Now THIS would make a crazy surfin’ safari wagon!!!

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  3. David Barber

    Grab a couple boards and hit some gnarly pounders dude……

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  4. Justin in indy

    The close up of the left rear wheel well opening does not appear to have a proper shape (which is clear by itself, but more clear with the properly shaped opposite side), so I think there may be a little more to this car than meets the eye. Also that awful paneling on the doors would have to go. That being said, Its dead sexy and Id love to own it.

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  5. Skip Middleton

    I find it disturbing for a “rust free Arizona car” that the bodywork that’s evident on the left side is exactly where you’d expect to find rust…

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    • geomechs

      Excellent observation. I’ve got a ’54 sedan and it’s got the rust in that same area. I sure wouldn’t mind having this wagon. Too bad, my better half doesn’t like wagons, unless they’re woodies from the early 30s or a sedan delivery. Don’t ask me. She can’t figure out why I’m not particularly fond of a bathtub Nash…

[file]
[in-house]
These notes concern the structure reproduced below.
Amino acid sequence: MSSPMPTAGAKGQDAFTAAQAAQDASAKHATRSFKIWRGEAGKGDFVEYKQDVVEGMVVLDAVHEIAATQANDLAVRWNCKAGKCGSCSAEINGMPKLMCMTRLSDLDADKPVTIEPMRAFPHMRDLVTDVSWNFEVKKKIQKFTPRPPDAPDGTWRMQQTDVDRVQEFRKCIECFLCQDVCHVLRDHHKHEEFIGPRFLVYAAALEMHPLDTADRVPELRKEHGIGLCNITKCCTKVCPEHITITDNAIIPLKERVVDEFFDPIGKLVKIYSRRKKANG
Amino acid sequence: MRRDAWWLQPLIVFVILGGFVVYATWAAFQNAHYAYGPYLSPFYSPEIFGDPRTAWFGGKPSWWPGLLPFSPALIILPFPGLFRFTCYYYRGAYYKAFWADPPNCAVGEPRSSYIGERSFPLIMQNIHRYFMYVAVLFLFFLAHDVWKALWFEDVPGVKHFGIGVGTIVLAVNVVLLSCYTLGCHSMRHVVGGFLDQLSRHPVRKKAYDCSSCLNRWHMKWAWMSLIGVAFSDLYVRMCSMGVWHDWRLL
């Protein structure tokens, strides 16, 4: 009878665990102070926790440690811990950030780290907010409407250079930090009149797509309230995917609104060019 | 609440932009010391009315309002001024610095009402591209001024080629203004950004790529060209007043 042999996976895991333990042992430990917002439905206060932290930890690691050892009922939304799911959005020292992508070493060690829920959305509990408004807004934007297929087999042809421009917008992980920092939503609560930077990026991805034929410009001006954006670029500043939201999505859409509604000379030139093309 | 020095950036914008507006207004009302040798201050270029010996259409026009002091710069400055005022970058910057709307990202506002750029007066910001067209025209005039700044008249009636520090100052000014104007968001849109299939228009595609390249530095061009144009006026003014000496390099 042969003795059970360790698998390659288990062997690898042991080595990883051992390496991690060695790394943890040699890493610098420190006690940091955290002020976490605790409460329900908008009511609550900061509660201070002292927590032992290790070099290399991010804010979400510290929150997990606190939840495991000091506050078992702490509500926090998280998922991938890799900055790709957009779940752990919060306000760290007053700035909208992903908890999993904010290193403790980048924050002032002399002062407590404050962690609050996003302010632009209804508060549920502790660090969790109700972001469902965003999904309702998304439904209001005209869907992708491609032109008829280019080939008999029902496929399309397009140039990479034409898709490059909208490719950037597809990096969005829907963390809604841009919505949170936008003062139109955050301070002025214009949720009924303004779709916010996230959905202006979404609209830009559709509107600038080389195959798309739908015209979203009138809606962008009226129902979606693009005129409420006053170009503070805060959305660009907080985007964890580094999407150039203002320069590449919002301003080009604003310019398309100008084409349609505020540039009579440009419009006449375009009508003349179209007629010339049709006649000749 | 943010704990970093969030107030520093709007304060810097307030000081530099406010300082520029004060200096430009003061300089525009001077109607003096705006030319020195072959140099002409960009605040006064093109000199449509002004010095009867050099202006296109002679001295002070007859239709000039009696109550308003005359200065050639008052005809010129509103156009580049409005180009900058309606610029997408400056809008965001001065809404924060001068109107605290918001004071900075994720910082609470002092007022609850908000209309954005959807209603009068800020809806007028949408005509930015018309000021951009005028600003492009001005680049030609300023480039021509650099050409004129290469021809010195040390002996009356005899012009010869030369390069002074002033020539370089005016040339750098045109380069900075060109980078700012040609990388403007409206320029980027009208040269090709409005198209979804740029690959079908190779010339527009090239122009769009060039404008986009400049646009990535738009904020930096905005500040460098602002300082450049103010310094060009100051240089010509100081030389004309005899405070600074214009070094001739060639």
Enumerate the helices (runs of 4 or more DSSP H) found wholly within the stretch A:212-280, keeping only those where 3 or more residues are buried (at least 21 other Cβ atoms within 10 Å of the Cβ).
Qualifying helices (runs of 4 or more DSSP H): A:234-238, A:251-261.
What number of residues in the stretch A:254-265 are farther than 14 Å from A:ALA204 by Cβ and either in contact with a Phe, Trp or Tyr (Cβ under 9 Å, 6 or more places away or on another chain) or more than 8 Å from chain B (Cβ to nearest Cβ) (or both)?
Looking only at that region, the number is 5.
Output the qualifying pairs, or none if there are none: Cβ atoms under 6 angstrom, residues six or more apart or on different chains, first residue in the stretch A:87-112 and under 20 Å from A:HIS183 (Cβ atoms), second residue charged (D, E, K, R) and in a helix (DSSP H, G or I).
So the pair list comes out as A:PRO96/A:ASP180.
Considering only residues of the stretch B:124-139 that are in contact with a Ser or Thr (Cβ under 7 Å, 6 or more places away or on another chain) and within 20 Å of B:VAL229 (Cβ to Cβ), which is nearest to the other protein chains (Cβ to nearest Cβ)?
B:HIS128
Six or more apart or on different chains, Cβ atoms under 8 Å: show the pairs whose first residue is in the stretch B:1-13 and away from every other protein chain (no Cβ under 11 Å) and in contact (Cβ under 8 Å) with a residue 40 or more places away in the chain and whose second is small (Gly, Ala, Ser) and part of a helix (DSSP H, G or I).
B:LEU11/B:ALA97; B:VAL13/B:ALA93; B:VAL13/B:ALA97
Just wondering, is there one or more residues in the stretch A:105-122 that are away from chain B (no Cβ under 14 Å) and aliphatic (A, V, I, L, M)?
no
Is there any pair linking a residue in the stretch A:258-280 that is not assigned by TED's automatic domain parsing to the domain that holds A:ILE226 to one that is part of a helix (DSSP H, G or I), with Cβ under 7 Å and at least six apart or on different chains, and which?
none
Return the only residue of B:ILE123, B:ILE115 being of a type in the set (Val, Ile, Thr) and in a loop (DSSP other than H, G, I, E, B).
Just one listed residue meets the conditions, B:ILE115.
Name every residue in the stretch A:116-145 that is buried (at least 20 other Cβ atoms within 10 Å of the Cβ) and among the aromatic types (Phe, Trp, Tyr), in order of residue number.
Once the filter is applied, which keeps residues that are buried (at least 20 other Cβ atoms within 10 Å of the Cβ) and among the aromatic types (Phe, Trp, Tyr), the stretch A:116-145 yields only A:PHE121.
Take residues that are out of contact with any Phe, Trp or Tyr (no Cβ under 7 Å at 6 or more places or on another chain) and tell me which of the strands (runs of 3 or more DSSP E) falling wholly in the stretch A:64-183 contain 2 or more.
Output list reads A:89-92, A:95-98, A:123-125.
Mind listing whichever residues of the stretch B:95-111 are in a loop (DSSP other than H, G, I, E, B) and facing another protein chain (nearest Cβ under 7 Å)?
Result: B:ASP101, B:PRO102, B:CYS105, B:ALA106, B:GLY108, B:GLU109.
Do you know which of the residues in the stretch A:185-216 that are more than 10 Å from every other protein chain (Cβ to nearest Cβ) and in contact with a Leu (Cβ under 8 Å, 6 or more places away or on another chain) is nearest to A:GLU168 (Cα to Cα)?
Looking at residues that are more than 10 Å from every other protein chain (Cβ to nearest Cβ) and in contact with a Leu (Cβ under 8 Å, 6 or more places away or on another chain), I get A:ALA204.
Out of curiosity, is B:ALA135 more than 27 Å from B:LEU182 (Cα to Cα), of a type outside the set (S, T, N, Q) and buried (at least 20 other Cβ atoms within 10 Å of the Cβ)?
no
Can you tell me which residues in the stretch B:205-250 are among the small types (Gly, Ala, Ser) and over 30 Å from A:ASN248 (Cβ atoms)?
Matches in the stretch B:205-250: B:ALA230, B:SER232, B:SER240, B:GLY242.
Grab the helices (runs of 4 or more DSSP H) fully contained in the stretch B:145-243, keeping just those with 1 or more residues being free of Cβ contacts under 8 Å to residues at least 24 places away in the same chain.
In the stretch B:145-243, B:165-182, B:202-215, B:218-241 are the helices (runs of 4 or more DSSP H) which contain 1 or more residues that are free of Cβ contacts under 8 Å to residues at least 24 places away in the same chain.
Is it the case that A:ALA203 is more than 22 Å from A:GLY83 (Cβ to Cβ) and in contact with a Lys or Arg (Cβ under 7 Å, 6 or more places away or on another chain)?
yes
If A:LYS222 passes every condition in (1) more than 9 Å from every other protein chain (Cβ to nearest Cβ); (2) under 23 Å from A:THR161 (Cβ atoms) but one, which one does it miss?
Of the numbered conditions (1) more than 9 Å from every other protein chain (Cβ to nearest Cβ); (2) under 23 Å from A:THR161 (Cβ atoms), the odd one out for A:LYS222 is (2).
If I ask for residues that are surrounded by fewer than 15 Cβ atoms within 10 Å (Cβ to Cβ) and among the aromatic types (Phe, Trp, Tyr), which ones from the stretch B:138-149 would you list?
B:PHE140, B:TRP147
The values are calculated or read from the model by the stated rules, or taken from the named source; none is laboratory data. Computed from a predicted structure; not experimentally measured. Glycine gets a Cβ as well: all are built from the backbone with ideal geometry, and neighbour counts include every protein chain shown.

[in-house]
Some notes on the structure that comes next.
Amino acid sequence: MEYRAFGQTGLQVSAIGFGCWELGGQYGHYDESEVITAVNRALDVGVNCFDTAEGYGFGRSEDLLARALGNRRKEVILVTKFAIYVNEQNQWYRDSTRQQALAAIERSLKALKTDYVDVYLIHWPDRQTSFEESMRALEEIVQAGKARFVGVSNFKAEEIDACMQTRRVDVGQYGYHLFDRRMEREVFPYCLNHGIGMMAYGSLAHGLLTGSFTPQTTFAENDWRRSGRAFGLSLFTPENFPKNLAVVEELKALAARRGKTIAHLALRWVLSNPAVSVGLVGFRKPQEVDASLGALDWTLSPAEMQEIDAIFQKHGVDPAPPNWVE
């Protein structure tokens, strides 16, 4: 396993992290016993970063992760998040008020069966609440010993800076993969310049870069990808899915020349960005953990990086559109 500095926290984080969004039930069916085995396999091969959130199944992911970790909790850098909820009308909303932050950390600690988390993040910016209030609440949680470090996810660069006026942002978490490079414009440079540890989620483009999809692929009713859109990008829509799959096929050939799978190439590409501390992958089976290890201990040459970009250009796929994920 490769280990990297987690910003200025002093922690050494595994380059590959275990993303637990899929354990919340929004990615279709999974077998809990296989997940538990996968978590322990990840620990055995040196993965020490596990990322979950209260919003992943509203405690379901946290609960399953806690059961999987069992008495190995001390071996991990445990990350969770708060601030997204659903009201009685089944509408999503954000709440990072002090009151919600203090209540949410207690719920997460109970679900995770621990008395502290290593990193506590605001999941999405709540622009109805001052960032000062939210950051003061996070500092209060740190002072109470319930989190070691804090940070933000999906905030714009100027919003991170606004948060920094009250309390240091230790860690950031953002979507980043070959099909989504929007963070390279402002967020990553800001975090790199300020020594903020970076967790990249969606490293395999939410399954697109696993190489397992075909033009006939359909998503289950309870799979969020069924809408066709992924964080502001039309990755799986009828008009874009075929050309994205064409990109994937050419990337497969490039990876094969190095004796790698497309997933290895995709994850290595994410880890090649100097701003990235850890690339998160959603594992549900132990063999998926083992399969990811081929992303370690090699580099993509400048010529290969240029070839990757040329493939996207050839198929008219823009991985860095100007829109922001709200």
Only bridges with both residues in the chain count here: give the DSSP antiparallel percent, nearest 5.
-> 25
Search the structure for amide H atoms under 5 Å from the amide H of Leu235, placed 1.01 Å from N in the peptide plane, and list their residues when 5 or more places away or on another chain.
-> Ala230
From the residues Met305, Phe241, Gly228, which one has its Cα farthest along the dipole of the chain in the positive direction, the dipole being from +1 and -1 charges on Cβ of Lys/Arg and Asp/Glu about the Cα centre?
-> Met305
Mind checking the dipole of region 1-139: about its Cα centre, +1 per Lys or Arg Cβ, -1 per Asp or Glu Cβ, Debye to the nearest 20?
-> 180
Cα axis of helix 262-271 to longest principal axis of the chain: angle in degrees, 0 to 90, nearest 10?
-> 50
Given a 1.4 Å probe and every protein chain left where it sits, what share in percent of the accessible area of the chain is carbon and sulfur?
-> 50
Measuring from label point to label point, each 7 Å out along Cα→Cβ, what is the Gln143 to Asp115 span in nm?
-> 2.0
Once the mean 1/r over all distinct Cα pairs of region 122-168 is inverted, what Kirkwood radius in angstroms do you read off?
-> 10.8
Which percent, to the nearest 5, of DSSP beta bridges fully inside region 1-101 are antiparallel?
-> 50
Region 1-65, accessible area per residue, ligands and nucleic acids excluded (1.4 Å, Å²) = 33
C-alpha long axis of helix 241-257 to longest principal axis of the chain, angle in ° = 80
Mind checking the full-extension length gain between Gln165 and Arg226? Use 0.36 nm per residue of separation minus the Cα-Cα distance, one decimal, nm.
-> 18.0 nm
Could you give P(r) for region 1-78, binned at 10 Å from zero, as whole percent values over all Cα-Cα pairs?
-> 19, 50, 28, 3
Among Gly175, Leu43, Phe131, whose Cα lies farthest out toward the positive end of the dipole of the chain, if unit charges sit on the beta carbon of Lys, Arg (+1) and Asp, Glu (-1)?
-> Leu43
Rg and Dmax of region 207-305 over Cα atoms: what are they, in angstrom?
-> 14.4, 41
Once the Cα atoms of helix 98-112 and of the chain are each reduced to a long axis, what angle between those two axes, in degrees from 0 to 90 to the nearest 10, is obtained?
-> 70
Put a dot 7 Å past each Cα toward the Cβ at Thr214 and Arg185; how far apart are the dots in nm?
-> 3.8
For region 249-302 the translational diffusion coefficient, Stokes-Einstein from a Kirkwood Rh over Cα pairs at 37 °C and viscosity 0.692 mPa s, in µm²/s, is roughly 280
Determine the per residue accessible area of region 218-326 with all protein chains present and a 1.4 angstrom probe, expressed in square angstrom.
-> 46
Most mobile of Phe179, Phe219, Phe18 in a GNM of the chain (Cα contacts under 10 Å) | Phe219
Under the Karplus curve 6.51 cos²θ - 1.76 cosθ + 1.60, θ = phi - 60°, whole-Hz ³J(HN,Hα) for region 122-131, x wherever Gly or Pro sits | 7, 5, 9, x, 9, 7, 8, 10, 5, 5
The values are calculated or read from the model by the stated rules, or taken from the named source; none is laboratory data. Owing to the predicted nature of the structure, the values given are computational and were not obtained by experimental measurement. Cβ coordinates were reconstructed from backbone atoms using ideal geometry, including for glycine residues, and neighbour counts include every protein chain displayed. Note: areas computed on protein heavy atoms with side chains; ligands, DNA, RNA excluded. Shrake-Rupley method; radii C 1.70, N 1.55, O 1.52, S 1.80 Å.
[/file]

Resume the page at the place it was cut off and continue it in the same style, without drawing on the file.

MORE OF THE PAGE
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  6. cole

    The lincon capri is practically a twin to this wagon (in convertible version). Its pretty cool how similiar they look alike.

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  7. Dan Farrell

    The wheel well does not look right, I agree.

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  8. Tom Cotter Tom Cotter Staff

    I’ve owned my 1953 Ford Ranch Wagon since 1972. I purchased it for $85 when I was a senior in high school, and I wouldn’t think about selling it!

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  9. Will

    “just had a mechanic install new battery”? Really? Did he forget a couple of steps? Like maybe installing battery cables? I don’t know if I would trust this listing without an in person inspection. I would love to have one like this though.

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  10. Robert J

    I really dig that propeller front grille. Long live the atomic age!

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  11. Iron Mistress